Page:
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Rwanda To Be Africa’s First mRNA Vaccine Manufacturing Base As BioNTech Launches

by Vincent Gasana
11:19 am

President Paul Kagame and dignitaries inaugurates the facility

 The terms, milestone, game changer, are so often overused, they at times lose their meaning. So too can the words partnership, cooperation. In describing the launch of the BioNTech SE’s vaccine manufacturing in Rwanda, however, such words suddenly seem like an understatement.

It was a trully ground breaking occasion, that brought together at least two of the world’s continents, Europe and Africa, to fulfil an ambition, that as President Kagame recalled, was seen as pie in the sky, only a few years before.

On Tuesday 18th December, Kigali industrial zone, on the outskirts of the Rwandan capital of Kigali, became the scene where the apparently impossible, the first manufacture of mRNA vaccines on the African continent, is to be realised.

             Three heads of state, Ghana’s Nana Akufo-Addo, Senegal’s Macky Sall, as well as their host, Paul Kagame of Rwanda, were joined by the President of the European Commission, Ursula von de Leyen, Barbados prime minister, Mia Mottley, and accompanying dignitaries, representing Burundi, Germany and South Africa, came together to birth the new venture.

You may remember” Kagame reminded his audience, “that the consensus at first, was that mRNA vaccines, could not even be administered in Africa. It was said to be complicated for our health systems.”

Then, when we embarked on this journey to manufacture these vaccines on our continent, we were told that it would take a minimum of thirty years. That, was all wrong. It is possible…What BioNTech partnership with Africa demonstrates, is that vaccine technology can be democratised.”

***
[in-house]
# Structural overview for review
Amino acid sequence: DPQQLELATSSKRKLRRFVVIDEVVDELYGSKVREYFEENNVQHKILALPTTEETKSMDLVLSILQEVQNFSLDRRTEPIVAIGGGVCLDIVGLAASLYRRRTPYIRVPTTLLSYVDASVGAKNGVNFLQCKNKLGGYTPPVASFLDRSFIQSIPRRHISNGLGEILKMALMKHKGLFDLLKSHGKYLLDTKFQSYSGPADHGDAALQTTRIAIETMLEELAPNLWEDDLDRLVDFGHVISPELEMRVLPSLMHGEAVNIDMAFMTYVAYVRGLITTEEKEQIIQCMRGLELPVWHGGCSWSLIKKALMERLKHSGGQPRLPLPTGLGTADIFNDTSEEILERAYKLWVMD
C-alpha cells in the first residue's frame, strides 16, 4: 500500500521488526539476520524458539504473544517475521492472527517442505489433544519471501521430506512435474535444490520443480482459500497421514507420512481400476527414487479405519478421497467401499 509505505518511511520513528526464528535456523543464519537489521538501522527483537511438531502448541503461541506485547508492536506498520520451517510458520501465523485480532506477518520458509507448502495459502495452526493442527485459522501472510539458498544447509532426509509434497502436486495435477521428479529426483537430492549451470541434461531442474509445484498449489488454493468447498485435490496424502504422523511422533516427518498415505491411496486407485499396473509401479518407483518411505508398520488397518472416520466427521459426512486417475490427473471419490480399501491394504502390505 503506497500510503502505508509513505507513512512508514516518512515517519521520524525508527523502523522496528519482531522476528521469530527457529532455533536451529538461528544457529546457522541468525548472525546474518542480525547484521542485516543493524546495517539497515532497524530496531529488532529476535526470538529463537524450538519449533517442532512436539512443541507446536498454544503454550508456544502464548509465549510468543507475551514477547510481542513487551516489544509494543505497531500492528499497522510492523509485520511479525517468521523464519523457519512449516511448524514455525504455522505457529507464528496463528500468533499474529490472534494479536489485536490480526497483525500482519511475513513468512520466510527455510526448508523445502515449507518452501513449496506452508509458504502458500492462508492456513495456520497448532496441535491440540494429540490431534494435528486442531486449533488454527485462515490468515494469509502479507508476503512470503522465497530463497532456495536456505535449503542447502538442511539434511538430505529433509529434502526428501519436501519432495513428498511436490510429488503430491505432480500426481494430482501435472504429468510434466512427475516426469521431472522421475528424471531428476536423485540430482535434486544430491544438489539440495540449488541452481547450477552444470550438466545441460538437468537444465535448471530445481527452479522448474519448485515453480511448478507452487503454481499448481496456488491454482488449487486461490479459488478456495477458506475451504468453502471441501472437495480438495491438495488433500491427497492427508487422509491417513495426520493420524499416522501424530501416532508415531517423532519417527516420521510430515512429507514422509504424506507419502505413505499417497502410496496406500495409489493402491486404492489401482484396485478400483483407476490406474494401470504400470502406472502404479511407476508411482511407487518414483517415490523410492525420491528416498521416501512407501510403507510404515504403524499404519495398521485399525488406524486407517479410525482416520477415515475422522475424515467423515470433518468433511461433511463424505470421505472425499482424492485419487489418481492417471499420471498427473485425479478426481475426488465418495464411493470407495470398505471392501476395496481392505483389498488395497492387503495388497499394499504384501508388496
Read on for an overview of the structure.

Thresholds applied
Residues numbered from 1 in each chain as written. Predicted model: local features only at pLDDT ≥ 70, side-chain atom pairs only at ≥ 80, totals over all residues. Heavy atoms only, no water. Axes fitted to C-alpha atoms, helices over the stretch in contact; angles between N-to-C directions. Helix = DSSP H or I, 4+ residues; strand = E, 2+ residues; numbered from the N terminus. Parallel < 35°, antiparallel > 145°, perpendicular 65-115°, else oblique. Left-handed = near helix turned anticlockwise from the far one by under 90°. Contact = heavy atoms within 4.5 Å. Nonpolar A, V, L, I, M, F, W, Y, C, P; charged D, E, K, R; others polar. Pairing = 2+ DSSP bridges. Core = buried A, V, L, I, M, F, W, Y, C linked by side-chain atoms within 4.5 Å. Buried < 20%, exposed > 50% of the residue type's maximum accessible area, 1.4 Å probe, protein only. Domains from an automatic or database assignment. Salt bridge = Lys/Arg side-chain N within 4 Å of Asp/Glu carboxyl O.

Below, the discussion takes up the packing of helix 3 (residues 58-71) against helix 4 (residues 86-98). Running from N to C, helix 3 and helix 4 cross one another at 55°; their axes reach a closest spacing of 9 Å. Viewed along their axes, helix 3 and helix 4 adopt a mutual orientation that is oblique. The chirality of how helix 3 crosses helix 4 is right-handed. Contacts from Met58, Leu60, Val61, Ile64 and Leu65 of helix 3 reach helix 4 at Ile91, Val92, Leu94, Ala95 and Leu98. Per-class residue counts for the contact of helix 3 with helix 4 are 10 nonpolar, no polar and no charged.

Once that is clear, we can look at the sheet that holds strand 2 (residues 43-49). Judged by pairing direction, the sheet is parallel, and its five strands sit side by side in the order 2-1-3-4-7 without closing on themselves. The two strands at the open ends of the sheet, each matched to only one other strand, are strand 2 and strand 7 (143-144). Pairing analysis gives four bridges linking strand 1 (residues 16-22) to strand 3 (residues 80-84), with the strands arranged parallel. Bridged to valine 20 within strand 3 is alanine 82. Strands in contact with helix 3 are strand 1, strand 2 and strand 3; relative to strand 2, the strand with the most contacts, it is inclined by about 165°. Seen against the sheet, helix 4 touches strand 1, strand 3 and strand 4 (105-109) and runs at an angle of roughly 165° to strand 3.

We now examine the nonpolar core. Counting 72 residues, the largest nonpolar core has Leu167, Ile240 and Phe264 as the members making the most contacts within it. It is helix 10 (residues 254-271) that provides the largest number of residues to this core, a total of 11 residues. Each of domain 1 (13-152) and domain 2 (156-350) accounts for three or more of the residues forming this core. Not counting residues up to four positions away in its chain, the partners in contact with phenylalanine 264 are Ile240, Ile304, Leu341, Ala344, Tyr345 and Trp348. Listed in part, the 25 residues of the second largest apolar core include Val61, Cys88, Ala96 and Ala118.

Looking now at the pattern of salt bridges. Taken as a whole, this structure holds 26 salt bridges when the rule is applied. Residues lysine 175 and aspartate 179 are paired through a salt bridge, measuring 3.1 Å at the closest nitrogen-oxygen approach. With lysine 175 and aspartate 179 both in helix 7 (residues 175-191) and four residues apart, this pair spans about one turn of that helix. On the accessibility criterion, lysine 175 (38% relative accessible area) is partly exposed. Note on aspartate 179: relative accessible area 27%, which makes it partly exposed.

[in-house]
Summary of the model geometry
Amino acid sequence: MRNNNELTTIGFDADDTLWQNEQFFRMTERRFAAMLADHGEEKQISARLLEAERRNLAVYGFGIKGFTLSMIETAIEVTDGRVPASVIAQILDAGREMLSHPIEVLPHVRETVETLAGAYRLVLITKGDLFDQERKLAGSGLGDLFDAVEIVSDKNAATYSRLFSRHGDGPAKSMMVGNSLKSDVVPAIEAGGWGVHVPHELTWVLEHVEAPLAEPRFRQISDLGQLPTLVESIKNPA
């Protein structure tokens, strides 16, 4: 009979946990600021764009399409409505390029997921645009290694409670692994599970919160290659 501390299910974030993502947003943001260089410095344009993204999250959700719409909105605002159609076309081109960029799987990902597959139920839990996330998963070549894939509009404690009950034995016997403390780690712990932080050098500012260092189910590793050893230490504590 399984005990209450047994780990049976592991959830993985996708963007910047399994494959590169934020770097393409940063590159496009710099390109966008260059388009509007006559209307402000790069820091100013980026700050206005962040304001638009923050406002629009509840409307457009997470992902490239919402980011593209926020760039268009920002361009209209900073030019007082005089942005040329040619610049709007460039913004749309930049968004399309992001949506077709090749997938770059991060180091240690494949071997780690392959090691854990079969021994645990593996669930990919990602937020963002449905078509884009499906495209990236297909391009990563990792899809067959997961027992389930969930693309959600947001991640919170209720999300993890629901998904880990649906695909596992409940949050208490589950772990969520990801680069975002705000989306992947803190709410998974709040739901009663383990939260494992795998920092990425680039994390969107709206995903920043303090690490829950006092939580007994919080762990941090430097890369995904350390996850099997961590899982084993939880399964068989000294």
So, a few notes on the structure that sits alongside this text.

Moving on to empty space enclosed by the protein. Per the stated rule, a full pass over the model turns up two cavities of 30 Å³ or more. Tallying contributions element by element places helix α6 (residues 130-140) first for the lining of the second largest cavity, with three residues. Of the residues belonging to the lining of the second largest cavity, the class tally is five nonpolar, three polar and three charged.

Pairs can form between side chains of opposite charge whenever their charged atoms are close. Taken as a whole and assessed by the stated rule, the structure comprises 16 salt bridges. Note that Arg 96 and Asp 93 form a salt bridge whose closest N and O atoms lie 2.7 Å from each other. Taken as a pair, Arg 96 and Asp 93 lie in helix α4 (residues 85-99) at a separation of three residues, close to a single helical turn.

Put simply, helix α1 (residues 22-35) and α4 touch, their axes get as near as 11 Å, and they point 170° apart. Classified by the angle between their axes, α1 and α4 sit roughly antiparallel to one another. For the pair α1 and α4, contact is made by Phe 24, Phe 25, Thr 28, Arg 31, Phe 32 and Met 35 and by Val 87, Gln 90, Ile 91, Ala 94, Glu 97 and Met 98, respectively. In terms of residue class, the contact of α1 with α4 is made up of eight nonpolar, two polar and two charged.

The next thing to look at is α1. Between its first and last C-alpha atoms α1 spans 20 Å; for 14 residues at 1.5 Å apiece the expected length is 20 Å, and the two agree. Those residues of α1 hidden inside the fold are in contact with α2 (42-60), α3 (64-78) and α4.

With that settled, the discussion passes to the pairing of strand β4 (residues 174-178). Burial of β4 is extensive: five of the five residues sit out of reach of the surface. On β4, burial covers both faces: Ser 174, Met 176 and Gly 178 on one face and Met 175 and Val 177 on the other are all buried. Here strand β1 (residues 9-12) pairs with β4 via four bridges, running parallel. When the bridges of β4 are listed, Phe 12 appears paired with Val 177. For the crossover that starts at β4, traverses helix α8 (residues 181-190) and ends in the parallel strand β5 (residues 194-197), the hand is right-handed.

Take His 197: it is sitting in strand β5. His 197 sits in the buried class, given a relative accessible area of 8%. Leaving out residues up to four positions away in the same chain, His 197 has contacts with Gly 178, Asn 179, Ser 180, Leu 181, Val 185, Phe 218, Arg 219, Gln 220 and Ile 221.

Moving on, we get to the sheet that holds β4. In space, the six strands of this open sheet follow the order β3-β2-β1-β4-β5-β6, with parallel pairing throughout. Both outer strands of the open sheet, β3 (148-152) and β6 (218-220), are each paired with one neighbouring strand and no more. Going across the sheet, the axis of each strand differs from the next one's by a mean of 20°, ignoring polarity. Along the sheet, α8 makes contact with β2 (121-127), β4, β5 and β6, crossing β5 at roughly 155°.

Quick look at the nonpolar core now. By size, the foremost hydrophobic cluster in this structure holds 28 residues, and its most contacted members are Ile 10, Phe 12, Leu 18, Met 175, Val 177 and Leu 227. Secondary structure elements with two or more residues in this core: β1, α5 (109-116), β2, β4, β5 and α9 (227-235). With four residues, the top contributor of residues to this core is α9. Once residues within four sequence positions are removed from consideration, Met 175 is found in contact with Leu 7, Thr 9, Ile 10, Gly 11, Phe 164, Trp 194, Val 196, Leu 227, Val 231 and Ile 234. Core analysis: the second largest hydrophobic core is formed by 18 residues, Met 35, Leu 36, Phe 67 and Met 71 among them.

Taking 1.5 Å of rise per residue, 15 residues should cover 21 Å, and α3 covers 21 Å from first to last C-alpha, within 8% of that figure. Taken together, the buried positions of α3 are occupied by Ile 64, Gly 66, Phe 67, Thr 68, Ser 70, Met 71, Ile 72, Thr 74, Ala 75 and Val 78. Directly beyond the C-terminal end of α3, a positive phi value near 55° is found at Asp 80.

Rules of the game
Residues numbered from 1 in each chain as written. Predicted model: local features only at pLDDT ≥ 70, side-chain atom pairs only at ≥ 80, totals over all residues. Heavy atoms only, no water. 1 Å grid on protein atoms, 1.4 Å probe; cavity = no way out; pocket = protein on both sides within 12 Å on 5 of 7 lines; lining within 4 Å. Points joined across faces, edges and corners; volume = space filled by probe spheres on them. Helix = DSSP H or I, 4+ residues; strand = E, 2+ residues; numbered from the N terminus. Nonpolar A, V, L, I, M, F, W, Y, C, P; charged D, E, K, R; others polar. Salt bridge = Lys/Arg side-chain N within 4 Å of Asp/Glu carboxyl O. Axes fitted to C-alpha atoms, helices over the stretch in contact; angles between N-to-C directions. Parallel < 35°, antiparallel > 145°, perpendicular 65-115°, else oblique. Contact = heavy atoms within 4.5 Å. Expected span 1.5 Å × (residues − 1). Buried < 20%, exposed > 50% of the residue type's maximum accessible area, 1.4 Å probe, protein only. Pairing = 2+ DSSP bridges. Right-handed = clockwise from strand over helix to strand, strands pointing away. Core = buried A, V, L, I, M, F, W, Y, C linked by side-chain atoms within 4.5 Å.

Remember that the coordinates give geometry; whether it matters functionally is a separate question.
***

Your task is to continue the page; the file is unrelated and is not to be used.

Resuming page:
The story of how the impossible, became achievable, is in several parts, each with a beginning of its own. In her remarks, the European Commission President, Ursula von der Leyen, told of one such beginning.

I remember, dear President Kagame, our conversation in Paris, 2021” she begun, “it was at the height of the pandemic. We agreed that Rwanda and Europe, must work together not only to bring vaccines to Africa, but vaccine production, and mRNA technology to Africa. So, we got together with world leading companies, like BioNTech…we teamed up with Rwanda, with Senegal, with South Africa, and with Ghana, and we built and we are building the first manufacturing capacity, mRNA producing capacity, on the continent, here in Kigali.”

Accompanying von der Leyen, was the Vice President of the European Investment Bank (EIB), Gelsomina Vigliotti. “Team Europe” as von der Leyen termed it, has already contributed 1.2billion euros, money that will fund the production of up to 50 million doses of vaccines per year, in two years from now.

The most important part of the story, of course, is of the two scientists and entrepreneurs, Professors, Ozlem Tureci and her husband, Ugur Sahin, who together founded BioNTech (Biopharmaceutical New Technologies), in 2008.

Both the company, and its founders, came to prominence, at the height of the Sars-Cov-2 pandemic. Their work in creating an mRNA vaccine (Messenger riboncleic), which was effective to 90% or slightly higher, put them at the forefront of the fight against the pandemic. The mRNA vaccine, uses a copy of a molecule (mRNA), to produce an immune response. The science of mRNA vaccine is so innovative, and so complex, that Professor Tureci, says of it, “at the beginning, it was like science fiction.” It was so innovative that the husband and wife team, at times found it difficult to find the money needed for their research. Today, the company is valued at more than $24 billion.